There’s a hell of a lot of money in art – but the artists don’t get it,” grumbles Damien Hirst, giving himself a thoroughly good scratch through the faded brown T-shirt he has decided to wear to Sotheby’s today. “What I find is unfair is the Van Gogh thing. The artist doesn’t make any money, but everyone else does.” That, at least, was how it used to be before Hirst himself entered the lists. Now the ratios appear to be changing. If things go according to plan – and most of the ridiculous stunts Hirst comes up with work out surprisingly well – then, a fortnight from now, the old way of making pots of money from art will look as out of date as last year’s winner of the Turner Prize.
To understand what Hirst is doing by putting 223 new works up for auction at Sotheby’s, I suggest you go along to one of the presale viewings – daily until September 15, admission free – and search out his latest shark piece, The Kingdom. It’s a huge black case featuring an 8ft tiger shark suspended, as always, in formaldehyde. The hideously pointy mouth is wide open, as if it is going to eat you, and its evil little piggy eyes search you out with that terrifying one-directional stare sharks have. Tiger sharks, remember, can bite through the shell of a marine turtle. If they are feeling particularly peckish, they even eat each other.
Once you have found the shark, imagine that it represents Sotheby’s. No, go further than that. Imagine that it represents the entire art world and the manner in which it pursues its business. See how predatory it is, how cunning, how fixated on its prey, how implacable and ruthless. Now stand in front of this evil killing machine, look it straight in its piggy little eyes and start flicking V-signs at it. Go on. Dance around in front of it, wiggle your behind at it, stick your tongue out between your lips and blow raspberries at it. That, more or less, is what Damien Hirst is doing to the art world by putting 223 new works up for sale at Sotheby’s.
The art world, you see, doesn’t do things this way. The way it is supposed to happen is that new art is sold by dealers in galleries, and only when it has been around the houses a few times does it turn up again in the auction rooms, to be resold for a profit. That is how it has always been. Sotheby’s has been around since March 11, 1744, when a certain Samuel Baker auctioned a selection of rare books “in all branches of Polite Literature” at his office in London, and not once in the intervening two and a half centuries has the company sold new work by a living artist direct to the public.
“Yeah, but if you don’t like the rules, change the rules,” chirps a noticeably chipper Hirst as he leads me through the extraordinary labyrinth of sharks, butterflies, bulls, skulls, scalpels, gold bars and diamonds he has somehow managed to cram into the formerly elegant Sotheby’s galleries on New Bond Street. The plush spaces were created for the display of 42-piece Sèvres tea services, not for full-size zebras in glass cases, so the art sometimes seems too big for its surroundings. But the resulting claustrophobia merely adds to the splendid London buzz of it all. Anyone seen the recession? Not in here, mate! Squeezing your way through these remarkable sights is a bouncy and exciting journey. Hirst has forced Sotheby’s to get in touch with its inner branch of Accessorize.
“I was indoctrinated by the gallery system – that you don’t do auctions,” he admits with another bout of happy scratching as we stand in front of a very convincing unicorn created by appending a narwhal horn to the forehead of a snow-white pony. “But who says you have to do it this way and not some other way?”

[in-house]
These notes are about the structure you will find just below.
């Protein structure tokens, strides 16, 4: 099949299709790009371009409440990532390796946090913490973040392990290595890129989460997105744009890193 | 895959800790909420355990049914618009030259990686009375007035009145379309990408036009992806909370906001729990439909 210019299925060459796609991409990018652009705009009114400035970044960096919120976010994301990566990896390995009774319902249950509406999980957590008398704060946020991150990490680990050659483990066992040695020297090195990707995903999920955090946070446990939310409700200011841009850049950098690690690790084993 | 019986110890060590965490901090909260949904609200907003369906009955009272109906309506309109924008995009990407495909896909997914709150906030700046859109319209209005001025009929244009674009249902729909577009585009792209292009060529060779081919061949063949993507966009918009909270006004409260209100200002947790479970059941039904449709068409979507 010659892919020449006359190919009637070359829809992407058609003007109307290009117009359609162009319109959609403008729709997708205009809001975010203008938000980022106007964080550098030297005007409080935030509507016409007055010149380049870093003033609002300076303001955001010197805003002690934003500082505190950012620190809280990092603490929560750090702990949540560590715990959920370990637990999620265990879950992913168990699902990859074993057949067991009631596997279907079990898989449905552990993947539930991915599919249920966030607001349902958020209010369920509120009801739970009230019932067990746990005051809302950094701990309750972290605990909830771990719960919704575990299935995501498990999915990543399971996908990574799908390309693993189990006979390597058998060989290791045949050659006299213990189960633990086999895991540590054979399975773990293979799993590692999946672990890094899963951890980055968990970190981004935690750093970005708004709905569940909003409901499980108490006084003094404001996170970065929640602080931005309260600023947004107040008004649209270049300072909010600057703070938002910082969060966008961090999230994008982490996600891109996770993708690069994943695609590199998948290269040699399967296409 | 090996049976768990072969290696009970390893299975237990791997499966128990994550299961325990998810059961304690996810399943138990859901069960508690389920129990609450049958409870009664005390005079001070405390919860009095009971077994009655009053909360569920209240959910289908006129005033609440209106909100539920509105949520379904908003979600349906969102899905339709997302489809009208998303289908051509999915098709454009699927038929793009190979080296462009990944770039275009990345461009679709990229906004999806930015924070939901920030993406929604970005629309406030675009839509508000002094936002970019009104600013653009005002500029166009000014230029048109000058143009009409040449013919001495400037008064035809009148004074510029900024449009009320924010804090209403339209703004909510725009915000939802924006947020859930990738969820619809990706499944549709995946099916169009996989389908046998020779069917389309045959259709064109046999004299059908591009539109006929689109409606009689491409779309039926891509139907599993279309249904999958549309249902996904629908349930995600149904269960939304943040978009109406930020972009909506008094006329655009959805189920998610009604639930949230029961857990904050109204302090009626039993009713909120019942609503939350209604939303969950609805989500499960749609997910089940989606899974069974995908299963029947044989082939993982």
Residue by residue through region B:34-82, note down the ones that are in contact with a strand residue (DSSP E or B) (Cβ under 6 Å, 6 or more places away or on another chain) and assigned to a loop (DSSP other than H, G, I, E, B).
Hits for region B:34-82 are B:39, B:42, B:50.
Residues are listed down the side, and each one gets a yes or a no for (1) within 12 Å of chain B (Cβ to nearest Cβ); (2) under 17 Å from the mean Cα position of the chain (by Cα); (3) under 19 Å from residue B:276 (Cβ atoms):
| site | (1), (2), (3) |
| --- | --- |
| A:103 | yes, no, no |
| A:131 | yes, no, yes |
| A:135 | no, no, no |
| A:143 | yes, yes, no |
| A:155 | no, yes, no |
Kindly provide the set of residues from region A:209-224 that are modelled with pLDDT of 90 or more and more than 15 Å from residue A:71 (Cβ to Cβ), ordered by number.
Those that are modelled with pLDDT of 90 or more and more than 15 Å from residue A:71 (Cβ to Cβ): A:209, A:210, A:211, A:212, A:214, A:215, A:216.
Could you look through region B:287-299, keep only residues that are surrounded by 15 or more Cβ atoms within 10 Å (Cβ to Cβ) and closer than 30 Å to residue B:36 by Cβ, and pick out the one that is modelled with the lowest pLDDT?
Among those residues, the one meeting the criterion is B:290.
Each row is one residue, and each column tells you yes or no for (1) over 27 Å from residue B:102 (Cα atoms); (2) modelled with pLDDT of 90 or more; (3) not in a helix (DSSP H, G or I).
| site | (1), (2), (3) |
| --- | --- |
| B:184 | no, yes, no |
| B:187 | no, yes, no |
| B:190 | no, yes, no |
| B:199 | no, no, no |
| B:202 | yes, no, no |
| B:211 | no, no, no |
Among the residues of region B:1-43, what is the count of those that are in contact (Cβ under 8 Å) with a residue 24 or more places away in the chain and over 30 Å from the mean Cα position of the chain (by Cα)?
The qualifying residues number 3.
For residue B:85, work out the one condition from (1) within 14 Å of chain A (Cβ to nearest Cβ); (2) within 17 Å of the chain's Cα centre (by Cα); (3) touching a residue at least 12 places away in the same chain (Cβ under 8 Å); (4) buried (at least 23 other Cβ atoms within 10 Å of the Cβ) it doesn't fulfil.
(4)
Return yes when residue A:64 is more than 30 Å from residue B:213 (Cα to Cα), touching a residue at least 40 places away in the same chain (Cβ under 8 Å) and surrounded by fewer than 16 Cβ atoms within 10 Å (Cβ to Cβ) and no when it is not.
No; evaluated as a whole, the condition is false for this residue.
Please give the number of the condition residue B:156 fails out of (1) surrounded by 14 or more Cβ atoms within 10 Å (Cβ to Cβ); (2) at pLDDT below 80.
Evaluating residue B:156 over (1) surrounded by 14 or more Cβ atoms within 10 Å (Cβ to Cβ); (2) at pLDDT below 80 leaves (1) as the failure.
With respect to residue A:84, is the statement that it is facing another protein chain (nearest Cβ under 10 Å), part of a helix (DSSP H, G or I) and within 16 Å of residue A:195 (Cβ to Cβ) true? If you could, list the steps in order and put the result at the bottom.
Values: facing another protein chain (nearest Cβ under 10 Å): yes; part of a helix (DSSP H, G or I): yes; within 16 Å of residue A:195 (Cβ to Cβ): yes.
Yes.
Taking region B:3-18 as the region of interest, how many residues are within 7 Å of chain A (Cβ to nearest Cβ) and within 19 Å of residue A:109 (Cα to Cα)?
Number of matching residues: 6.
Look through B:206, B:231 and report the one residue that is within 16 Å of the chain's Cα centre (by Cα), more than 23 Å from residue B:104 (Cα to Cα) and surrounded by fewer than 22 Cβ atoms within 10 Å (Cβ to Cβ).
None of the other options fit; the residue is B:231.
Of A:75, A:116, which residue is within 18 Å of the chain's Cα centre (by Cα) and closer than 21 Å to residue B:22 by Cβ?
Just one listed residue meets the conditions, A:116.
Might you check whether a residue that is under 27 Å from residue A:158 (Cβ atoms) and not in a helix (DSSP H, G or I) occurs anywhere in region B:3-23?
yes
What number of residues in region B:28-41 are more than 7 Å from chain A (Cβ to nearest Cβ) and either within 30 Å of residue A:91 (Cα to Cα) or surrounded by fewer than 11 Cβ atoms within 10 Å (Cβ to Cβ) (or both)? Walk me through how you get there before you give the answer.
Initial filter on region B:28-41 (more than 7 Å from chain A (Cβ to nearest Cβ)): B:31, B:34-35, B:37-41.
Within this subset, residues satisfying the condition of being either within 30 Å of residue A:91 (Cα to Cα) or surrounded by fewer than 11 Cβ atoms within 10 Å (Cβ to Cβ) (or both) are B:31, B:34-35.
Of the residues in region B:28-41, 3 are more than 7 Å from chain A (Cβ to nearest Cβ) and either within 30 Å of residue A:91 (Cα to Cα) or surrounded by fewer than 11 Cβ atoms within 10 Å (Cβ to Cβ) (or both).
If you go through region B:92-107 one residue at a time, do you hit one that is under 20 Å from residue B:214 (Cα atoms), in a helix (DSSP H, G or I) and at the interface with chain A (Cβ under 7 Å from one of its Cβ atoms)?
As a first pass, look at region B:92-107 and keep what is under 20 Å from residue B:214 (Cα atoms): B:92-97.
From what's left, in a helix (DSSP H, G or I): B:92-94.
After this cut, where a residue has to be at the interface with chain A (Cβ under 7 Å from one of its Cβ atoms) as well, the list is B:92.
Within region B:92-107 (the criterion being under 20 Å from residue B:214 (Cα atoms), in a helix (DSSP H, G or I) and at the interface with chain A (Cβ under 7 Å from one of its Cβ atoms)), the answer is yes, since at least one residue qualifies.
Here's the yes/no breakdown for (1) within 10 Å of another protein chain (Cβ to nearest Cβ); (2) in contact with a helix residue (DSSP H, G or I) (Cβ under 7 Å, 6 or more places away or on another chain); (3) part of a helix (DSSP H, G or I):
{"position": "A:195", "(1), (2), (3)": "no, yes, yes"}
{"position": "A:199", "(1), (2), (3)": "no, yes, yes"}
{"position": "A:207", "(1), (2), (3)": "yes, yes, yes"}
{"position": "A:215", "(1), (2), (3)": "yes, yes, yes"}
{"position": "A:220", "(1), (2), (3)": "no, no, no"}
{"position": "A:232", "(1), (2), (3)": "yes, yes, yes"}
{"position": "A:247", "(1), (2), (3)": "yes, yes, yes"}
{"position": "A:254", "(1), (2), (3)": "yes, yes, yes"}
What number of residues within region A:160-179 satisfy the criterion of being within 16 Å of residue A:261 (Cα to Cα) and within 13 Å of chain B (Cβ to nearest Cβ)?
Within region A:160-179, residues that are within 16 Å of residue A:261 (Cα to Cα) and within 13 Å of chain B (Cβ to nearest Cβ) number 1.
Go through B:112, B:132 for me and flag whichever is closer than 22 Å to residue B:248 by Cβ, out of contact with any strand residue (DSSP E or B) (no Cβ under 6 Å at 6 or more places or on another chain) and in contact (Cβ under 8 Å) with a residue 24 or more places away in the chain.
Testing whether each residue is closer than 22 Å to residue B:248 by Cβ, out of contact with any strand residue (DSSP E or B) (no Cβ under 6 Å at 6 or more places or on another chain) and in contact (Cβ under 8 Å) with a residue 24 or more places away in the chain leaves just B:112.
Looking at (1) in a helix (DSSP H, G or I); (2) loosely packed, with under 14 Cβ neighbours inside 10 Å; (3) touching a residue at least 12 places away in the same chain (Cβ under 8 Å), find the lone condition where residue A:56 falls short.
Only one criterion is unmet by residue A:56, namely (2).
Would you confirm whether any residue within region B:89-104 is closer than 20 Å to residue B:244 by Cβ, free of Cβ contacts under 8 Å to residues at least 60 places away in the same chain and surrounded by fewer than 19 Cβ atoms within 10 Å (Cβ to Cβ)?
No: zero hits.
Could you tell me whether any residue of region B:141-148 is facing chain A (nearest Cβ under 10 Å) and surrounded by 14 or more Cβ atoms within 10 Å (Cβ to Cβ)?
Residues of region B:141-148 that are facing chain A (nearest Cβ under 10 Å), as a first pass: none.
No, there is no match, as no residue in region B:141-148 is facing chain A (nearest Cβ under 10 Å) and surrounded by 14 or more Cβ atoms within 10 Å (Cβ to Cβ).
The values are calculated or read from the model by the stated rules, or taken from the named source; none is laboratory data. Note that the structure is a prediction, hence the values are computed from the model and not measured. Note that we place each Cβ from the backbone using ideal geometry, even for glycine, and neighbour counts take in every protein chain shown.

It’s a good question. Indeed, it’s an important question. As far as I know, there is no actual rule written down anywhere stating that auction houses are not allowed to sell new work. Like so much of the art world’s behaviour, the traditional division of the spoils between the auctioneers and the dealers has been governed instead by nods and winks, gentlemanly handshakes and mysterious exchanges of glances.
The way it used to work, Hirst expands, happily spilling the beans on the furtive aspects of the art world’s behaviour with a Dennis the Menace peskiness that I adore – and which only really powerful people can risk – is that an “unofficial arrangement” was in place ensuring that the auction houses only sold work that was five years old or more. Anything newer than five years old was the preserve of the dealers. Recently, however, as the big auction houses began deriving more and more of their income from contemporary art, the dealers found themselves being squeezed. First, the dealers’ window was tightened from five to two years. Now, with this sale, it has been banished altogether.
Hirst is far too canny a diplomat to admit publicly what all this could mean for the art world, so let me admit it for him. If this auction works, the dealers are stuffed. There is absolutely nothing to stop any artist anywhere selling their work direct through the auction houses. Bang goes the dealer’s 50%.
It was Sotheby’s who approached him about the sale, not the other way round. In fact, it is always on the phone asking for unsold pieces to be put up for auction. His answer has always been yes – if it takes new work. But that has been the sticking point. Because of the unwritten arrangement with the dealers, Sotheby’s has never been prepared to sell new pieces by him. Until now.
Everything in this sale has been made specially in the past two years. That in itself is an astonishing achievement. These days, Hirst runs no fewer than six studios, divided between London, Devon and Gloucestershire, and each of them has been working like the clappers to produce this much art in these sorts of sizes in this kind of timescale. Not only is the huge selection of offerings the largest exhibition Sotheby’s has ever put on, it forms the largest Damien Hirst show there has ever been.